DNA Electronics (DNAe) has secured a contract worth about $51.9m in the US to develop semiconductor DNA sequencing platform for rapid diagnosis of antimicrobial resistant infections and influenza.
The contract was awarded by the Biomedical Advanced Research and Development Authority (BARDA) a division of the Assistant Secretary for Preparedness and Response (ASPR) in the U.S. Department of Health and Human Services (HHS)
DNAe said that both antimicrobial resistant infections and influenza result in more than 2 million suffering from infections, out of which 23,000 deaths could occur and estimated deaths between 89,000 and 207,000 deaths in the US resulting from influenza and could cost between $71.3bn to 166.5bn for the economy.
The project under which funding to DNA Electronics will be provided is the PISCES (Pathogen Identification from Specimen, via Capture Extraction and Sequencing). This will enable the company in developing and validating its Genalysis platform.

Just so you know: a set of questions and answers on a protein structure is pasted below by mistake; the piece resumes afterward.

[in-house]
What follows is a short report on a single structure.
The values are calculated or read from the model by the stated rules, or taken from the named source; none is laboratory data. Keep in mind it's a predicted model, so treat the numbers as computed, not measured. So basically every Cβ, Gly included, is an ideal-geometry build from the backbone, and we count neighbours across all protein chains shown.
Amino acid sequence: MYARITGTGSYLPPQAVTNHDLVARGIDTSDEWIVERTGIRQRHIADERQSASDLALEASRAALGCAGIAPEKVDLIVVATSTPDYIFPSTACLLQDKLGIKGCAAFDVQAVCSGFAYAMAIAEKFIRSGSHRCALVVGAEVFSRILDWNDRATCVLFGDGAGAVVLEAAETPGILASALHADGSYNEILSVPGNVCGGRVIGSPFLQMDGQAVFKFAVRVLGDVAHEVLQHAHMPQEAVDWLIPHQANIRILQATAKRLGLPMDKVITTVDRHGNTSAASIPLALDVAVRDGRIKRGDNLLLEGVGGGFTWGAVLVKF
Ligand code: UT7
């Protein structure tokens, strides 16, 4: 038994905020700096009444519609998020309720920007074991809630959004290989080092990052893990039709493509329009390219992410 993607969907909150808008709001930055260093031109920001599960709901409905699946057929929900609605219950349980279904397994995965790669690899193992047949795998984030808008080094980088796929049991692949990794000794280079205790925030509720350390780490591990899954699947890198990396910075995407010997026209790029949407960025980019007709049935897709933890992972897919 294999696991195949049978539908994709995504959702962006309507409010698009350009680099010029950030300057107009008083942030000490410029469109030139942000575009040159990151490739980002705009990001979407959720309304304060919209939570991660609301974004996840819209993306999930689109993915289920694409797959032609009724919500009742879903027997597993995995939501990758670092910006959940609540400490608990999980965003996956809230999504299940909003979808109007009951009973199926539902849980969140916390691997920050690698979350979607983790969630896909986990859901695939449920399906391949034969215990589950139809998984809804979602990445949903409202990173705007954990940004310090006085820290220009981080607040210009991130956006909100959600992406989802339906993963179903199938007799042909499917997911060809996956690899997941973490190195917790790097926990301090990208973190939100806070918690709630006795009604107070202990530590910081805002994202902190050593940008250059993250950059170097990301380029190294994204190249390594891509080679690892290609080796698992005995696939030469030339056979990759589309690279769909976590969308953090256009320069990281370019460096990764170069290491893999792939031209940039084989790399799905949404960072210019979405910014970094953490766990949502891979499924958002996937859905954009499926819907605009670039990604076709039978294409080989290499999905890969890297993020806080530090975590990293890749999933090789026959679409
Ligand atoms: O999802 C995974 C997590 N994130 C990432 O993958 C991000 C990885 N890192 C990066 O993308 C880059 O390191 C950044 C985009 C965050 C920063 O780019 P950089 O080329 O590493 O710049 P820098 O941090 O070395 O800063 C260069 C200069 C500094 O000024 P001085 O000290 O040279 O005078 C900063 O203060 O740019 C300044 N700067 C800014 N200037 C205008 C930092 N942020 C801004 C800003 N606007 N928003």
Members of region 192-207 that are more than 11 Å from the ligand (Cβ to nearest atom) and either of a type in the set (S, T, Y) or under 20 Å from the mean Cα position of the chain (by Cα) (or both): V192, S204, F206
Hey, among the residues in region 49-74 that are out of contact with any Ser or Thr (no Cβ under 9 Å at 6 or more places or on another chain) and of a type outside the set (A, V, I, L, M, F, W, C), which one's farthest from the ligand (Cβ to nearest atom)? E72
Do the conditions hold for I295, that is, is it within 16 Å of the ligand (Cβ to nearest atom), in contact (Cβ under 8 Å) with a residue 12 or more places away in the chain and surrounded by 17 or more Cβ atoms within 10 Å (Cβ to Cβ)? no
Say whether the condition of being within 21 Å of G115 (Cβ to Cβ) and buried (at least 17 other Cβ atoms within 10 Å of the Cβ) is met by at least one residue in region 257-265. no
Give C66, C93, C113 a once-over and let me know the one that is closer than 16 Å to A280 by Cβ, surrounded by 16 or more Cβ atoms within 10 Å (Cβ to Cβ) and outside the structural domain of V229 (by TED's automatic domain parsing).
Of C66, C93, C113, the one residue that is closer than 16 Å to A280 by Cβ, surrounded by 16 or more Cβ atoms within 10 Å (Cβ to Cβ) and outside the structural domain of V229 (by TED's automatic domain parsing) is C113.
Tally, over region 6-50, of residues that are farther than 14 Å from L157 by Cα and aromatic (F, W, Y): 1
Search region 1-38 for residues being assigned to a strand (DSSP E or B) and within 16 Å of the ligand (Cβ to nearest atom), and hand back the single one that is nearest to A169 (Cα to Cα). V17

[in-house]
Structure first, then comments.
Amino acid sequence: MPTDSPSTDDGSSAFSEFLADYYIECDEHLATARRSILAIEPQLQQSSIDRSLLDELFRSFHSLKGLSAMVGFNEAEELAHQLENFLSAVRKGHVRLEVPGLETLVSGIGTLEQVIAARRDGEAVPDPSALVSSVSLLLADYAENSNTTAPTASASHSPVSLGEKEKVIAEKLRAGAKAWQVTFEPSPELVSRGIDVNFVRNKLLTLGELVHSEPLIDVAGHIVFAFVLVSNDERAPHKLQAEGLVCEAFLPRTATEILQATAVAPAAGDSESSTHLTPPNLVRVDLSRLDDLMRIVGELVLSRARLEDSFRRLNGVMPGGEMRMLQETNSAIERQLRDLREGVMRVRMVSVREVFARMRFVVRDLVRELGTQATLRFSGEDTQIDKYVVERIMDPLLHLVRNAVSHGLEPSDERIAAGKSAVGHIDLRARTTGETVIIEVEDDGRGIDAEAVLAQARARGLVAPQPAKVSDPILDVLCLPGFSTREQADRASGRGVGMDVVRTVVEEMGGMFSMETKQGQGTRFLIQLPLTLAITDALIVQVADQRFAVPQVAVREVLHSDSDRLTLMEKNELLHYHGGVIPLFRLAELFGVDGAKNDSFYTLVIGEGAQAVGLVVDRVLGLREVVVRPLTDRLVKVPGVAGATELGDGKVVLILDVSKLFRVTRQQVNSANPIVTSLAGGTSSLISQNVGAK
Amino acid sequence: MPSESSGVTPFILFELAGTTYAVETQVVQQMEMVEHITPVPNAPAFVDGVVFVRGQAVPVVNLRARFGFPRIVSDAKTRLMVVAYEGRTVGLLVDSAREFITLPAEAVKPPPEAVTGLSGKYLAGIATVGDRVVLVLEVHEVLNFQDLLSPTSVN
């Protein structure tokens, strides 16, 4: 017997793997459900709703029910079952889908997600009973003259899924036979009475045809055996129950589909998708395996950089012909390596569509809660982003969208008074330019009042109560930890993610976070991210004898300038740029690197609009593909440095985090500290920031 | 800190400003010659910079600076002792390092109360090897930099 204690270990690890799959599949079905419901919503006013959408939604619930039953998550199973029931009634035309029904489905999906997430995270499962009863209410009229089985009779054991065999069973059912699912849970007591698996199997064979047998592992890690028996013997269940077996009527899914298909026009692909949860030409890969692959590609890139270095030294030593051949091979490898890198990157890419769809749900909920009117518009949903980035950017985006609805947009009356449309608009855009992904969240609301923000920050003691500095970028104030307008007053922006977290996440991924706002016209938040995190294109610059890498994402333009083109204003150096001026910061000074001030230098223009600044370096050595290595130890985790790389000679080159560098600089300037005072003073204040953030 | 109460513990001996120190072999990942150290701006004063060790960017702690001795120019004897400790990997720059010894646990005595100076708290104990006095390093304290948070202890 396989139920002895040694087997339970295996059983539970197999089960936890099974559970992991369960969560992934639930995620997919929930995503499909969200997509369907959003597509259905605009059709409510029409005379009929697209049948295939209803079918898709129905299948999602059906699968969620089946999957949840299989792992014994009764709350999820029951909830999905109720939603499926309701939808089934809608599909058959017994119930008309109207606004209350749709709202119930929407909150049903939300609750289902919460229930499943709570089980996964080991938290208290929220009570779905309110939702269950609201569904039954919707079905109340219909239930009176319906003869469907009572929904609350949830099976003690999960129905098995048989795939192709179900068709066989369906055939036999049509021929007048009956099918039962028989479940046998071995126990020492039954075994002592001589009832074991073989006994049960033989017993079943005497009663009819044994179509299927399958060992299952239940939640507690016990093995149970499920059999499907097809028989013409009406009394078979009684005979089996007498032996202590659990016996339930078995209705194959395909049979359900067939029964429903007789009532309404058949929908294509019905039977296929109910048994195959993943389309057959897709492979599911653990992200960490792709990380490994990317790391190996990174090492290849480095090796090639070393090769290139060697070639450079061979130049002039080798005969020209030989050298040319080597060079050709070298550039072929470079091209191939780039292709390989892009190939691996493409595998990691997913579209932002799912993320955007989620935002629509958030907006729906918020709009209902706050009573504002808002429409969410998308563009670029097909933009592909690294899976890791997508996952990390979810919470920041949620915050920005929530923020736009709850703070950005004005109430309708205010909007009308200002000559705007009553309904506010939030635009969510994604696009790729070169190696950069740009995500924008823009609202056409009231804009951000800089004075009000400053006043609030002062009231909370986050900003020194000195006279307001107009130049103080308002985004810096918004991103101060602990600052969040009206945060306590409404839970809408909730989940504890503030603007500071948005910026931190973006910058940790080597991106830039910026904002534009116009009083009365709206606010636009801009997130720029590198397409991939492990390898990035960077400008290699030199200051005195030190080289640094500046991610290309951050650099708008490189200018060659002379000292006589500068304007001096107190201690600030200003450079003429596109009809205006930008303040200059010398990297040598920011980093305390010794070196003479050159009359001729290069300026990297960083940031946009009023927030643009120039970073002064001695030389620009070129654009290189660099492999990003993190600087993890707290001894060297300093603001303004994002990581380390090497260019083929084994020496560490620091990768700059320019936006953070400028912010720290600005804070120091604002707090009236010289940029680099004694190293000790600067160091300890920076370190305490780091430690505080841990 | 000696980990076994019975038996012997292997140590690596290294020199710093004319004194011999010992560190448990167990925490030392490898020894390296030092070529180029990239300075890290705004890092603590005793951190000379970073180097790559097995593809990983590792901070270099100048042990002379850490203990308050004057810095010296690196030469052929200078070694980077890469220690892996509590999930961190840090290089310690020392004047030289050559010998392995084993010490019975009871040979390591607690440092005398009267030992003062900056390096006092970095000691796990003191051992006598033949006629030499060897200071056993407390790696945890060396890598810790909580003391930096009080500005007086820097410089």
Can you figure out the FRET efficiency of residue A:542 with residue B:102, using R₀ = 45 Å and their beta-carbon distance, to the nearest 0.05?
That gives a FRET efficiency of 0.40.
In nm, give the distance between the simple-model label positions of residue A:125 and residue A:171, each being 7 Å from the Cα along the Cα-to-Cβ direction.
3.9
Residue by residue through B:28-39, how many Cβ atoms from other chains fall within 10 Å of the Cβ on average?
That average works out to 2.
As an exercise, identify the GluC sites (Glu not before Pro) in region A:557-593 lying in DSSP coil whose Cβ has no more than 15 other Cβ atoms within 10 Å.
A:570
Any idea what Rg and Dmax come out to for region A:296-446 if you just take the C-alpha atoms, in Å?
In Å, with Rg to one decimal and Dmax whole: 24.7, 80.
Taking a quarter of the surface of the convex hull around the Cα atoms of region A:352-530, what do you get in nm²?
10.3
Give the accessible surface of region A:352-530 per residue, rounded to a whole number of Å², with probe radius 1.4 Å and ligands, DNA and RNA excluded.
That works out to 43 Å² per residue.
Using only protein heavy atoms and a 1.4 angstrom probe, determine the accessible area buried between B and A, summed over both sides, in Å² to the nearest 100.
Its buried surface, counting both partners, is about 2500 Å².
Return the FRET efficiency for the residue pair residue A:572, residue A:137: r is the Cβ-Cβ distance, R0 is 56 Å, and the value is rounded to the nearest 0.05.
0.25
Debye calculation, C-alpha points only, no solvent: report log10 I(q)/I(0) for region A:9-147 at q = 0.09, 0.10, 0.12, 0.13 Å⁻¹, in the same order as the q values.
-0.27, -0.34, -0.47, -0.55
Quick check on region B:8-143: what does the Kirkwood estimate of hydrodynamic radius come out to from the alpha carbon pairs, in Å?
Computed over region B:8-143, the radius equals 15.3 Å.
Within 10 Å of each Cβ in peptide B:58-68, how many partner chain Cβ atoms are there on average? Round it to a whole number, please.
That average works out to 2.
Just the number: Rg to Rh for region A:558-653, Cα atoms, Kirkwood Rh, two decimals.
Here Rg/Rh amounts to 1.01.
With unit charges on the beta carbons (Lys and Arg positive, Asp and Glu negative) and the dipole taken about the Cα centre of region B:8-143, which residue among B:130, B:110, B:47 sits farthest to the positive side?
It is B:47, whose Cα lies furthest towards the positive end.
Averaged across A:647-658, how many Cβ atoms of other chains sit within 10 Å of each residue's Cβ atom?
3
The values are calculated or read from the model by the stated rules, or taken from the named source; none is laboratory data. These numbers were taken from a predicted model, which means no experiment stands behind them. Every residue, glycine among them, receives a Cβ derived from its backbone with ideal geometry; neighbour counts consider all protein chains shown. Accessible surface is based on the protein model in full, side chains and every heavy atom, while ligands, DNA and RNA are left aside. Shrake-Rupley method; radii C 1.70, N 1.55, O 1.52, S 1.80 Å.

The Genalysis platform can provide the ability to sequence the DNA of infectious organism in a sealed microchip based system, with analysis that can help in identifying of the disease agent within few hours.
DNAe US office president Sam Reed said: “Our platform is truly revolutionary as it brings a powerful sequencing-based diagnostic capability into a rapid, user-friendly format.
“Importantly the platform can be operated by users who are not specially-trained in sequencing, enabling it to be used in a wide range of near-to-patient clinical environments where sequencing has not been possible before.
“Unlike existing sequencing devices, the platform operates ‘push button’ directly from raw clinical specimens such as blood or swabs, delivering a clinically-relevant report for the physician.”
The first product from DNA Electronics will be a blood-to-result diagnostic system in treating serious bloodstream infections leading to sepsis. Sepsis is a high unmet medical need, responsible for 20,000 deaths per annum in US alone.
In the later stage of development and testing, the system will be all set for commercial launch in 2018.
DNAe founder and executive chairman Chris Toumazou said: “This collaboration demonstrates the suitability of DNAe’s NGS-based platform to address a range of clinical needs, demonstrated by the applications in antimicrobial resistance and influenza testing, where there is a very high unmet need.”
Image: Chris Toumazou at DNAe's London R&D facilities. Photo: Courtesy of Business Wire.